For my student teaching videos, see JaniceWilliamsonYoga on Youtube
As a queer 71-year-old woman, aging feels like a kind of accomplishment. The life force seems to grow ever more intense. My yoga practice connects me to a body that is both frail and strong, restored and precarious, energetic and enervated, libidinal and filled with lassitude. My mood and energy changes after every yoga class where I learn focus, strength, relaxation, and to let go.
Imagining yoga has evolved into my thinking through ‘Fulcrum Yoga.’ The concept arrived because yoga creates a balancing prop or fulcrum that allows us to revolve around our centre and remain in place. Or we can asymmetrically pivot into a new space. Our yoga fulcrum helps negotiate paradox, to vacillate within the contradiction of two opposing movements. For example: yoga finds delight in the tension between Sthira which means ‘to stand, to be firm” in strength and steadiness and Sukha or the ‘good place’ of ease and softness.
Keen to support students in learning as we discover yoga, I adapt classes to our unique bodies. Yoga meets us on the mat however we arrive.
My yoga study began in the late 1970s and 1980s in my first classes with Esther Myers in Toronto and at the Sivananda Yoga Ashram on Paradise Island in the Bahamas and in Val Morin, Quebec. Over the following decades I studied with various practitioners of Iyengar, Yin, Ashtanga, Pranayama, and Hatha Yoga — as well as Pilates and Buddhist meditation.
Over the course of the pandemic, I returned to yoga as a daily practice. Month by month yoga remapped and reanimated my body. Part of that time I’ve been treating a potentially lethal auto-inflammatory disease. This brush with death makes the present moment all the more precious – my yoga practice nested in my net-work of chosen family, friends, and loving companion.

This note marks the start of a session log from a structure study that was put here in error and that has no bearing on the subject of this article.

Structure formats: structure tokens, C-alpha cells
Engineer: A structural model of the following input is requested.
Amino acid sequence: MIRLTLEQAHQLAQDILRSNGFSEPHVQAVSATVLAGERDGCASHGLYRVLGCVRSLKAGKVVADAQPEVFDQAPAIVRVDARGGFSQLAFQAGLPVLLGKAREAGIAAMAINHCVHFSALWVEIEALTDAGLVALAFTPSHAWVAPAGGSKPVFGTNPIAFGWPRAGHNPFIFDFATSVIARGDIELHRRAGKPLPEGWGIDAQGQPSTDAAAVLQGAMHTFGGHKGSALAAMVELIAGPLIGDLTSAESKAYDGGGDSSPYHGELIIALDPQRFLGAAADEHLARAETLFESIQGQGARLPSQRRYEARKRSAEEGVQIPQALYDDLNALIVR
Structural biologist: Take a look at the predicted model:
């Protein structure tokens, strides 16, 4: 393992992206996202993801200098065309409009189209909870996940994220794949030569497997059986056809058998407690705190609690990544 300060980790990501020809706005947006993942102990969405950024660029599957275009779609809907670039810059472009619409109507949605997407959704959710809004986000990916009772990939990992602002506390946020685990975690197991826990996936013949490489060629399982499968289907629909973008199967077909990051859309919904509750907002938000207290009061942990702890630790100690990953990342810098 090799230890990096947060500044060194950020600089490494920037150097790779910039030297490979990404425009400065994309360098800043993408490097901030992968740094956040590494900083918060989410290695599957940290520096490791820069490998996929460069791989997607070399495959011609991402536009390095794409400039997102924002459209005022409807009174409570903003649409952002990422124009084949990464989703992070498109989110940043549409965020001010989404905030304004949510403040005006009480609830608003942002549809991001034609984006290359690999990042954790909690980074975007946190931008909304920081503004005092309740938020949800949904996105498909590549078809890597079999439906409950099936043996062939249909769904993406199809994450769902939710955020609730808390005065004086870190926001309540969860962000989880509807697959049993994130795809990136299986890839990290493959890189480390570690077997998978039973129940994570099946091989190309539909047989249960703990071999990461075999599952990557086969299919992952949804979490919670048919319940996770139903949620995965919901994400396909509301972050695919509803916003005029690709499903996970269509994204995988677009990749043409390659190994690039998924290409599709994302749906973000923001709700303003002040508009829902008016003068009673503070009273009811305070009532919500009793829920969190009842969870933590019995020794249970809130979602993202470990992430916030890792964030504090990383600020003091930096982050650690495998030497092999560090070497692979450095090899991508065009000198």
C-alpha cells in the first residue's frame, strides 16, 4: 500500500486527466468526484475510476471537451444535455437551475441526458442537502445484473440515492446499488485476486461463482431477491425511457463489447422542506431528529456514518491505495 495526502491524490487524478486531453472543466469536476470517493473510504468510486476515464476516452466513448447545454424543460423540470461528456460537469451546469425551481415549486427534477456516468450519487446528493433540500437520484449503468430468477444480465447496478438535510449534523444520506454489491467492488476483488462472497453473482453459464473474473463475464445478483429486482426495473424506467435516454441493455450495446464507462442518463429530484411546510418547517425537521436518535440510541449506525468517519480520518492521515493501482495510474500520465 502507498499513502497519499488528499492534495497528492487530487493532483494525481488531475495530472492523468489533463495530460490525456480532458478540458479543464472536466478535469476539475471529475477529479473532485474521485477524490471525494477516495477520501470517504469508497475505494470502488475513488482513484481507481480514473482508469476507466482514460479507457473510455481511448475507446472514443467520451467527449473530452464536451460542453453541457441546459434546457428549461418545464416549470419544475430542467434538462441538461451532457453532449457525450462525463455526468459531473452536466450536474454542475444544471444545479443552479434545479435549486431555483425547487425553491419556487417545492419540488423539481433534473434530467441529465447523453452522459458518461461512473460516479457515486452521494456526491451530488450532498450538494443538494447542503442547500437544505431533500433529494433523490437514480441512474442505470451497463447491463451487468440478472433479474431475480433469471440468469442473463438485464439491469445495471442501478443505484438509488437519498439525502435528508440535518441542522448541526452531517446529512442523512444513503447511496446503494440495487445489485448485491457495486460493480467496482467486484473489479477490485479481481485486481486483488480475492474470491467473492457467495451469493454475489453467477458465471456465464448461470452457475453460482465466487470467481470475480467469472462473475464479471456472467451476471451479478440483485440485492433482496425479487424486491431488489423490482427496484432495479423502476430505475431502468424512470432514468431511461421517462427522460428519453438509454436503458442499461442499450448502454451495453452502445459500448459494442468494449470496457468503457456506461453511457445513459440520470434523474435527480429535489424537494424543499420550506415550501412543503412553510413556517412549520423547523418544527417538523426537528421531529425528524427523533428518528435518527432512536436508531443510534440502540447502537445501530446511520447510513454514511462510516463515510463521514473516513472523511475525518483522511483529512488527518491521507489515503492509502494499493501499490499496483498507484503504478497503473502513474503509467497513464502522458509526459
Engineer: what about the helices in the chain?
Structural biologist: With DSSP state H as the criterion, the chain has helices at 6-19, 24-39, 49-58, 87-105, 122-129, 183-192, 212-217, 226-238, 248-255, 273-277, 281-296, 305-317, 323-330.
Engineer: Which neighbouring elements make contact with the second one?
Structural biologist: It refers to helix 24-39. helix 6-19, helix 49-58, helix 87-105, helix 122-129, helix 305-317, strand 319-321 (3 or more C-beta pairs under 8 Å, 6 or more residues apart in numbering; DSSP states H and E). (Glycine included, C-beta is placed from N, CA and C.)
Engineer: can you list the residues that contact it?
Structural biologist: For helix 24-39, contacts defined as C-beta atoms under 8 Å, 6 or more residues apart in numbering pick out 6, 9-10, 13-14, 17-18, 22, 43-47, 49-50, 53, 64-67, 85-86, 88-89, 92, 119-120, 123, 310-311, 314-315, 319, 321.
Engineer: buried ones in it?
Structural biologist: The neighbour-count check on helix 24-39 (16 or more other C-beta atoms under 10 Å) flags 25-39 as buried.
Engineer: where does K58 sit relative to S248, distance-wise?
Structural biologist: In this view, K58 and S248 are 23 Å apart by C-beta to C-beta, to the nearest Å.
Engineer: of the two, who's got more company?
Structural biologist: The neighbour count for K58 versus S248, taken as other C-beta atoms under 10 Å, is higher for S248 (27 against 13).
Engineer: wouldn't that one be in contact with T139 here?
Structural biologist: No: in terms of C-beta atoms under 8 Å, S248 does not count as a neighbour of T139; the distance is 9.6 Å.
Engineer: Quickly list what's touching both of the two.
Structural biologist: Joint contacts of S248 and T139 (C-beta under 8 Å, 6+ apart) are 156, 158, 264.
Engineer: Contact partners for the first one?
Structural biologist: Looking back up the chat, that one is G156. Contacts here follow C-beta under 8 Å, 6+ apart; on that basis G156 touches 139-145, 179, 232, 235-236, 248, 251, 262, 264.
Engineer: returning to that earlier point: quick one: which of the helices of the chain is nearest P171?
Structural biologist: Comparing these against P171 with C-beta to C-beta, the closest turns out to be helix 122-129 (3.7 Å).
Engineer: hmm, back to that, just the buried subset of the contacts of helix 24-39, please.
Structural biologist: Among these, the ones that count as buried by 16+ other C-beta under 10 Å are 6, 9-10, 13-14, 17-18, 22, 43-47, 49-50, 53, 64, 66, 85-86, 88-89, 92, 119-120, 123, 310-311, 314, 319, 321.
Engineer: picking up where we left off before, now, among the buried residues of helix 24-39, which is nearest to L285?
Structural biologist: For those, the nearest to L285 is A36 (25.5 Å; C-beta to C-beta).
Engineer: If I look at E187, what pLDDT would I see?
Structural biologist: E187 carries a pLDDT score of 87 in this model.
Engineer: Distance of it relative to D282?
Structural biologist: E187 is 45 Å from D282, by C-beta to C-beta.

Confronted with potentially destructive medications for my disease, I worked more intensively on my yoga and over the past year became a certified yoga teacher with a four-month teacher training on the eight limbs of yoga and a restorative yoga course both with Octopus Holistic Yoga Centre in Toronto.
I continue to study.
After graduating with a PhD, I taught cultural and literary studies, women’s studies, and creative writing for 32 years at the University of Alberta until my retirement in 2019. In my last years I was elected Equity Chair of my 4000 member university staff union. My publications are in the areas of human rights, women’s cultural studies, trauma, and social justice. The teaching of “difficult knowledge” informs much of this study, my own therapeutic journey, and my approach to yoga.
My Happy Place
- On my yoga mat.
- Writing at my desk.
- Gardening and watching plants grow during latitude 53’s long summer days
- Walking along the ocean with my beloved now adult daughter.
- Setting out on a cold Arctic-like day for a walk that invigorates: “No bad weather, only bad clothing!”
- Snuggling with my aging rescue toy poodle Simone de Bébé and my new West Highland Terrier and Poodle cross puppy named Ruby.
- Exploring the sensual and erotic.